Start with the pain. By recognizing what your leads are feeling and what keeps them up at night, you develop a sense of camaraderie.

Use their words in your marketing content—so your lead magnet, blog articles, or posts on social media. It's the best way to attract high-quality leads.

Deliver what you promised.

Did you promise a free case study or access to exclusive videos on the form your lead filled out? Did your lead magnet promise to show them how to build a lead-nurturing campaign?

The quickest way to lose a potential customer is to overpromise and underdeliver. Make sure your campaigns meet expectations.

Encourage leads to connect with you on social media.

Besides email communication, share links in your message where the reader can connect with you on social media, such as LinkedIn, Facebook, or Instagram. This is another way to stay in touch and share different content.

Make them entertaining.

I prefer writing my nurturing sequences with a sense of “infotainment. ” I want them to be educational and entertaining at the same time. This ensures you solve their issues without boring your reader. Best of all, customers will look forward to hearing from you.

End your message with a call-to-action (CTA).

This is an essential component of your message. What would you like your reader to do next?

Should they click a link to your offer? Or claim their coupon from your website? A strong CTA should convince your prospect to act.

You need to create a sense of urgency or add an element of scarcity in your closing. This makes your sales engagement more powerful.

The Top 11 Tips for Writing a Lead Nurturing Engagement Email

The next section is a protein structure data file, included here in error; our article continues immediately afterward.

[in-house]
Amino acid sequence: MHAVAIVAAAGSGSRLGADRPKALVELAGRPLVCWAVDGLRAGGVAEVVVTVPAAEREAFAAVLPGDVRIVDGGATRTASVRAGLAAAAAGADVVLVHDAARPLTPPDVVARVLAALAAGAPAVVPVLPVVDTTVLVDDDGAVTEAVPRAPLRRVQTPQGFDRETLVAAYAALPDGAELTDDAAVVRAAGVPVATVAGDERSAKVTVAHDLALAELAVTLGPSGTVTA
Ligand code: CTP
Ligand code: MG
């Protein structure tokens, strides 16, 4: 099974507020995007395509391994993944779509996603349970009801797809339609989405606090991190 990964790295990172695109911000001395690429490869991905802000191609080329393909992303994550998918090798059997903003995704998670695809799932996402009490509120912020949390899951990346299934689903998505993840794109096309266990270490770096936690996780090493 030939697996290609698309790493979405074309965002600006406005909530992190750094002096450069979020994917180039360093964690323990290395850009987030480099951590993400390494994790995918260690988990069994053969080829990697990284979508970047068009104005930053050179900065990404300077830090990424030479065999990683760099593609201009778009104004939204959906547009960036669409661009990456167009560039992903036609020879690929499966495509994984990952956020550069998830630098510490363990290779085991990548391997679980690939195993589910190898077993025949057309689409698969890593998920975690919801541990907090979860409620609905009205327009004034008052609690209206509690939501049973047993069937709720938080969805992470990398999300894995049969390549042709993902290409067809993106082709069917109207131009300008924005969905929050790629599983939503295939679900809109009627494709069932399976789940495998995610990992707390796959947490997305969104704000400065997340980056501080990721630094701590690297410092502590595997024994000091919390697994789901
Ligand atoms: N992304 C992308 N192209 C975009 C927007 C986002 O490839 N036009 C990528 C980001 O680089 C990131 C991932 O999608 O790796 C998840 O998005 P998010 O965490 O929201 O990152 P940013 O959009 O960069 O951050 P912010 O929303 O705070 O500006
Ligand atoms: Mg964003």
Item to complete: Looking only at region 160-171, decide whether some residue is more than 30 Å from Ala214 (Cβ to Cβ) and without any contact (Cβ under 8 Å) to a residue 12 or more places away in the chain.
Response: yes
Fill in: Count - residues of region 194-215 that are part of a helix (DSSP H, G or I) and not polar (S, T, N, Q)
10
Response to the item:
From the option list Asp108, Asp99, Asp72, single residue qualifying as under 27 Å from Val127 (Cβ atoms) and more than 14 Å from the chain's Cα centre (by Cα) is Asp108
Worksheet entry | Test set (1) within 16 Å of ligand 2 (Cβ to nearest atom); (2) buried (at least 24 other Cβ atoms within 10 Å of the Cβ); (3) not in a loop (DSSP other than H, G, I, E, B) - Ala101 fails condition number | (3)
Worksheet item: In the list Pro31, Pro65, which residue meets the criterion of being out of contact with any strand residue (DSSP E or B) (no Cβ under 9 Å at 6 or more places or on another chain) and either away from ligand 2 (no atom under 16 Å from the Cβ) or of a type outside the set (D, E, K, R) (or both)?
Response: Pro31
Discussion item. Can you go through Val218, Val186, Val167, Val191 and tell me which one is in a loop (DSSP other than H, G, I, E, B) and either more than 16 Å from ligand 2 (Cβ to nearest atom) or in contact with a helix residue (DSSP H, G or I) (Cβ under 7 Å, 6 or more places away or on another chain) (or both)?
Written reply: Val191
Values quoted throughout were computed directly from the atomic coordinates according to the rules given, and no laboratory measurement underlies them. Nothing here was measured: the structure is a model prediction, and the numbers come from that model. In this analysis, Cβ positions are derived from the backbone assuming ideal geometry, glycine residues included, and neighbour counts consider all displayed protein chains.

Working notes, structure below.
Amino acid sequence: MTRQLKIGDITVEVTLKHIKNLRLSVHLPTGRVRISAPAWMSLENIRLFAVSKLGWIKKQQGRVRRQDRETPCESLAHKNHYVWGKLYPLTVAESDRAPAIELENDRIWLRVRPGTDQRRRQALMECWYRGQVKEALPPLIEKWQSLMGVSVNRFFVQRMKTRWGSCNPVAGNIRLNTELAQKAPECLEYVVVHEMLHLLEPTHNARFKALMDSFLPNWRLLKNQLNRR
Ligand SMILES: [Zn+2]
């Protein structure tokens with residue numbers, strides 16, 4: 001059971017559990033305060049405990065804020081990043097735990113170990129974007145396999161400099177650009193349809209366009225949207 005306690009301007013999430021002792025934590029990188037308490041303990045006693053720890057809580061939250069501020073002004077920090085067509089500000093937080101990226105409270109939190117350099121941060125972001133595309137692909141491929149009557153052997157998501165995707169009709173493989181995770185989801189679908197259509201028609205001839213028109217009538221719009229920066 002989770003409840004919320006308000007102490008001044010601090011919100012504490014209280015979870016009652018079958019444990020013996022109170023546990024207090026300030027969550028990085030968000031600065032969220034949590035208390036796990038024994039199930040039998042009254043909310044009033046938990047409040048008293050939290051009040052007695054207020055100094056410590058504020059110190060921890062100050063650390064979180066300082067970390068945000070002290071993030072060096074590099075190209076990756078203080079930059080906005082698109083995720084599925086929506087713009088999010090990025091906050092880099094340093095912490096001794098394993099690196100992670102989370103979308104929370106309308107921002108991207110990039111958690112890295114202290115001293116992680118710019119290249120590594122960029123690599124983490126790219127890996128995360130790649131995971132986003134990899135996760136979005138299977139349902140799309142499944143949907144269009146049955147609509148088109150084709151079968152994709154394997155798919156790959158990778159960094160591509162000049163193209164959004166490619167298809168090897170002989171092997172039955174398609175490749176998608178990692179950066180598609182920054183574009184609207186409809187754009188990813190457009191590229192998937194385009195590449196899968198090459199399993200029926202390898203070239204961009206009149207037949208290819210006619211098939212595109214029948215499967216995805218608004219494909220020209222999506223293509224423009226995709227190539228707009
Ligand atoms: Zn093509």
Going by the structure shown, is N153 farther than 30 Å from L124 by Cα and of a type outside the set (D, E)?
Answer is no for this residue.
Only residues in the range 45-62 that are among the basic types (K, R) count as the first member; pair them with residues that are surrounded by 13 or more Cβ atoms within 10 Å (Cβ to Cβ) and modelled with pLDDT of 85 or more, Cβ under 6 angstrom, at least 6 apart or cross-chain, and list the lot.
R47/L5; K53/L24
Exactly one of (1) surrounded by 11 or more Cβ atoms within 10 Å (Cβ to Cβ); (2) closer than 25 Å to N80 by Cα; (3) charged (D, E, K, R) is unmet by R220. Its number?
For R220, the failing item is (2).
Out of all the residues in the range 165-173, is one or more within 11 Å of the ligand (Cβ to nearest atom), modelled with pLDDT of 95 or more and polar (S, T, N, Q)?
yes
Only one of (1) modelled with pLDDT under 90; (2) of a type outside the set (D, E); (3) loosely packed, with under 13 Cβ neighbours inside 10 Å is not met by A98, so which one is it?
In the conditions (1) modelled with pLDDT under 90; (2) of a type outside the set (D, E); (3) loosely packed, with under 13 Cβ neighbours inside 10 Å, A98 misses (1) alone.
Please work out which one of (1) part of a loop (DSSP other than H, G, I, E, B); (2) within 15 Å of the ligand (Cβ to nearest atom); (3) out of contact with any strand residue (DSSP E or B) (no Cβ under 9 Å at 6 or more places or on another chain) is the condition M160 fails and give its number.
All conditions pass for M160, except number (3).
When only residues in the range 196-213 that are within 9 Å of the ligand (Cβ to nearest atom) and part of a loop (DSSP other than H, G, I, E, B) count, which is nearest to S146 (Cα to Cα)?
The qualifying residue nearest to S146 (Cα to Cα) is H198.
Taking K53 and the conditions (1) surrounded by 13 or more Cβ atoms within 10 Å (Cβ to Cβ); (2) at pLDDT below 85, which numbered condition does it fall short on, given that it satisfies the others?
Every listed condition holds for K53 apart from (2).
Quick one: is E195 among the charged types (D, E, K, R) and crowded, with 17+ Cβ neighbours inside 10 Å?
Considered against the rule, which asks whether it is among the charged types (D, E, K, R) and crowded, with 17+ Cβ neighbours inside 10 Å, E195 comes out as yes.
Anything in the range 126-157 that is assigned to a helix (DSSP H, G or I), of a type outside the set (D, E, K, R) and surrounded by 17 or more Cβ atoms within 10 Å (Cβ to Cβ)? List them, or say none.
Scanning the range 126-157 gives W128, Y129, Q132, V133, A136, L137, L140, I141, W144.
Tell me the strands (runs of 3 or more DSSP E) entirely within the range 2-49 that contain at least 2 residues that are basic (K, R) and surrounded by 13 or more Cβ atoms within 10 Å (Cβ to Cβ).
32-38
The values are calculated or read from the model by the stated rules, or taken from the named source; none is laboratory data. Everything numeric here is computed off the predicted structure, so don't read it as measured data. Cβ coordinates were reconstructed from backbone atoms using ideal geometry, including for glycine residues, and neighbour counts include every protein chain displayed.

Nurturing leads is all about establishing a relationship with your email subscribers. Your goal with each campaign is to move them further along the buyer's journey. Follow these 11 tips to write nurturing email sequences that convert.

11 top tips for writing lead nurturing emails

1. Be conversational.

Make sure you use a conversational tone in all of your content. It helps to break down barriers. It makes it easier to read or consume. It's also easier to write. So write your lead nurturing engagement email much like you're speaking to a friend.

2. Keep your sentences short.

Cutting long sentences into readable bite-sized chunks is an art. If you want to create an impact with your words, a sentence should have eight to ten words max. So keep your paragraphs nice and short.

3. Check your spelling.

Sounds simple, and yet, I get countless emails with spelling mistakes. I've sent out a few myself.

The problem with spelling errors is it looks sloppy and it can draw attention away from your message. Basically, customers focus on the grammatical mistakes, and if it annoys them too much, they may unsubscribe. So put your emails through Grammarly. It can help you fix weird sentences and phrases.

4. Highlight important words or phrases.

You want specific phrases or offers to stick out in your text. Highlighting, bolding, or underlining helps to emphasize a call-to-action.

Sometimes it's called junking up or word art. Basically, this helps your customers focus on essential information. For example, it could be the link to a form or a new course you're selling.

5. Include facts, statistics, or quotes.

Use data in your lead nurturing. Here's why. Data is eye-catching. It reads as truth. So when writing your lead nurturing email campaign, consider using data to emphasize something you're saying.

6. Only use one CTA.

It's tempting to link to multiple offers or webpages in an email, but don't do it. You'll only create confusion. Instead, determine your email's purpose and link to one call-to-action. You can include a link multiple times.